The grim aesthetics of the Swedish black-metal band Watain don't begin and end with its insane live shows. Unlike many acts of their ilk, the bandmates' lifestyle fully reflects the intensity of their music. They rehearse in a decommissioned bunker underneath a subway station in Stockholm, which they rent from the government; it's dark, it's prone to flooding, and two of the guys live there. The band members profess to follow a militant form of Satanism and treat their live shows as a ritual designed to sunder the bonds that tether us to reality.
For Watain, it's all about anger, isolationism, and the sinister forces of the worlds beyond.
So perhaps it's fitting that the group's current U.S. tour (on which the band is opening for Morbid Angel and Incantation) nearly succumbed to those same dark forces before it even began.
This past November 21, the day the tour was to commence in Houston, Watain published a long Facebook post explaining that officials from U.S. Customs and Border Protection had detained guitarist Pelle Forsberg a week earlier in Atlanta after he had flown in from Mexico.
Forsberg alleged he was taken into custody, locked in a cell overnight and questioned, and then sent back to Mexico.
"All this started with a personal vacation in Mexico to experience Dia de los Muertos," Forsberg asserted in a statement that accompanied the Facebook post. "Apparently I was red-flagged because I already had a return ticket to Mexico the day after (cheaper to get the ticket like that). But all good, I had NO bullshit on me, with me or whatever. All papers/visas were under control. But then they proceeded with checking my phone..."
They didn't like what they found.
"I don’t have any illegal stuff on my phone nor a criminal record," Forsberg stated. "For sure some pics can be disturbing for 'normal people.' I don’t live a normal life. It's pics of me riding bikes with friends (that may have a questionable club patches/bikes etc.), me chopping heads off road kills, welding weird things that look 'frightening,' pics from tours where obviously weird shit happens all the time... Again, nothing illegal, no bullshit!"
Forsberg alleged he was interrogated for seven hours by four officers and then "thrown into a cell with just a bean bag as a bed next to a toilet," where he spent the next eight hours before being kicked out of the country and banned from returning for five years.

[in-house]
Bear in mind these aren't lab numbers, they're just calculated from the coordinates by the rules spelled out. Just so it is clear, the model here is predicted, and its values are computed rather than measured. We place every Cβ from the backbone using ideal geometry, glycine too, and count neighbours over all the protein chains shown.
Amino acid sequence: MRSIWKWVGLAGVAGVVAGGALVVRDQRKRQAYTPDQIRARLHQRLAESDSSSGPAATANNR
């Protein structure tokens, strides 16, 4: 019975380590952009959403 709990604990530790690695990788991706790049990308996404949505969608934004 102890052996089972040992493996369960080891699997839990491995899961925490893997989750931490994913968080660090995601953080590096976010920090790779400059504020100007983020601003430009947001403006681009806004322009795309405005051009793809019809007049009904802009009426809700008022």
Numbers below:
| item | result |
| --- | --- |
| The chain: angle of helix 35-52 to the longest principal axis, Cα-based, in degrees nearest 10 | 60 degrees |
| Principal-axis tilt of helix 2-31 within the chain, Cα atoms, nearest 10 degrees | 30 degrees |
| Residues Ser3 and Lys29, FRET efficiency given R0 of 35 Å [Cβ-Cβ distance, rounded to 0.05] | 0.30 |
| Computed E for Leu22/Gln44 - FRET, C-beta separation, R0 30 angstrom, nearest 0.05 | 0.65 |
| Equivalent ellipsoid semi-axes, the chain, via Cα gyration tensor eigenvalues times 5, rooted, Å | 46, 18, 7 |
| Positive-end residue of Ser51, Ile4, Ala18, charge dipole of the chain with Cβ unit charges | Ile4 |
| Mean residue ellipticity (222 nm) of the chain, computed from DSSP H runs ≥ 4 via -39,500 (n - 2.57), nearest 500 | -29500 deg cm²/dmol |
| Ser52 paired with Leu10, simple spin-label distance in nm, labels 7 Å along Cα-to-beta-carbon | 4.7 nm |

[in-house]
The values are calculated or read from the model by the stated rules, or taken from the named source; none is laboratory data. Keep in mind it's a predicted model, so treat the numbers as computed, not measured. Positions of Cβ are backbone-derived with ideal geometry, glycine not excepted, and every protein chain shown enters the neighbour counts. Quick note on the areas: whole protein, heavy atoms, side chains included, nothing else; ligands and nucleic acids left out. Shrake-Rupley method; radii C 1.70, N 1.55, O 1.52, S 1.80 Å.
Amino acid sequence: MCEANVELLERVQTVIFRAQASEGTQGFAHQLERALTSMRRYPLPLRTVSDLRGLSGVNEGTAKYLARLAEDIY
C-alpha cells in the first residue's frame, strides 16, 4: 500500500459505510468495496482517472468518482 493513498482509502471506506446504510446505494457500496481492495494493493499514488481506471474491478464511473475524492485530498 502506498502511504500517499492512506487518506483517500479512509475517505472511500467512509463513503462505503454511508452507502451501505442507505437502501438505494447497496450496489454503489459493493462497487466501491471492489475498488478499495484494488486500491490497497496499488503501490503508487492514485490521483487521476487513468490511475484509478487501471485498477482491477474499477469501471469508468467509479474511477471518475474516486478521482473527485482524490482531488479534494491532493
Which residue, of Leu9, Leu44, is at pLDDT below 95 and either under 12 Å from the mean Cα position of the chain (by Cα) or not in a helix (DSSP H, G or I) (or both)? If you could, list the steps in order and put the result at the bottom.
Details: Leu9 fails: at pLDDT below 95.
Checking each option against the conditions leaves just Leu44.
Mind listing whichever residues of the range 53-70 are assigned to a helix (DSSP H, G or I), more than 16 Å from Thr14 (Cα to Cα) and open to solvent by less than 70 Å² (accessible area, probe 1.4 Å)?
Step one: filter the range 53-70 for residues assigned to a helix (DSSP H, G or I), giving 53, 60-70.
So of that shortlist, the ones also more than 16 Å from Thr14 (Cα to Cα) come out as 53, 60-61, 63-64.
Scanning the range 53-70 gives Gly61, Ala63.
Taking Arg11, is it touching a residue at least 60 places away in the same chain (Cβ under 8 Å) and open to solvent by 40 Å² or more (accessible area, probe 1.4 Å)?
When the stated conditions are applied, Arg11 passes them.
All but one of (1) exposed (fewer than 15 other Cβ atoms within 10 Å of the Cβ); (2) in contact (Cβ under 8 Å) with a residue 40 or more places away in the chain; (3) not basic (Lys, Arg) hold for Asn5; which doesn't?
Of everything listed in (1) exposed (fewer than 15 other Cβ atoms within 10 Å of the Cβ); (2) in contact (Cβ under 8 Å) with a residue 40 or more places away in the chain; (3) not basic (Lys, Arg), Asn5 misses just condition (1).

The four other members of the touring band nearly suffered a similar fate. But with the help of their attorneys, they gained entrance in time for the tour's second date, in Dallas.
As one does when a member of one's hard-living metal band has been knocked out of commission, Watain shuffled its lineup: In Forsberg's absence, Alvaro Lillo switched from bass to guitar, and vocalist Erik Danielsson strapped on a bass. Guitarist Hampus Eriksson and drummer Emil Svensson round out the quartet.
Not ones to fall silent in the face of societal injustices, the bandmates blamed Donald Trump for the customs fiasco.
"We would like to remind you that this is not a cautionary tale from 1980s Soviet [Union]; this is Trump-administered border policy in today's United States," the band wrote on Facebook. "This is what you get with an imbecile, Christian, racist ape ruling the nation and 'defending it at all cost[s]' from anything that can be considered alien and therefore unacceptable and potentially dangerous."
With that said, the band seems to flirt constantly with unacceptable and dangerous rhetoric. Just this past March, the Ministry of Home Affairs in Singapore canceled a Watain show there in response to an online petition. And last year, guitarist Set Teitan had to step away from the group after photos surfaced online showing him giving the Nazi salute.
At the time, Danielsson issued a statement asserting Teitan made the gesture "in jest." The singer decried "the ill-willed ignorance of all those who maintain that Watain have any political agenda whatsoever."
"For 20 years we have proven otherwise and people should know better by now," he said in the statement. "Finally we would like to send a heartfelt fuck off to all who insist on feeding the mindless moral witch-hunt hysteria that is now festering on worldwide Heavy Metal culture. Hail Satan!"
At any rate, Watain's music is, like the aforementioned "imbecile," brutal and oppressive. The group stands at the artistic vanguard of Swedish death metal — meaning the band probably sells only 40,000 records but possesses the critical cachet that eludes far more successful pop stars. For those who find themselves fascinated by the fringes of so-called acceptable music scenes, the gurgles of the underworld, and heavy metal, Watain sits in the sweet, wet center of all of that.
Watain's latest release, 2018's Wolf Trident Eclipse, is rife with the fury and majesty of a perversely focused band that has honed its craft. The songs bleed with a saturnine beauty, which can be heard when studio drummer Hakan Jonsson kicks down the doors of hell behind Forsberg's strident chords on tracks such as "The Throne Beneath." Danielsson howls out his incantations, which are unintelligible to the uninitiated. This is the dark stuff: music to burn down churches to. Not that anyone is advocating such acts — the members of Watain are theistic Satanists, which means they're engaged in a spiritual war rather than a physical one. Their virulent black metal is beyond most people's comprehension by design.
South Florida is a long way from Sweden, both geographically and aesthetically. It'll be interesting to see how the bandmates react to swapping the cold and somberness of their homeland for the heat and humidity of the Sunshine State.
Watain. With Morbid Angel and Incantation. 7 p.m. Saturday, December 21, at Revolution Live, 100 SW Third Ave., Fort Lauderdale; 954-449-1025. jointherevolution.net. Tickets cost $23 via ticketmaster.com.
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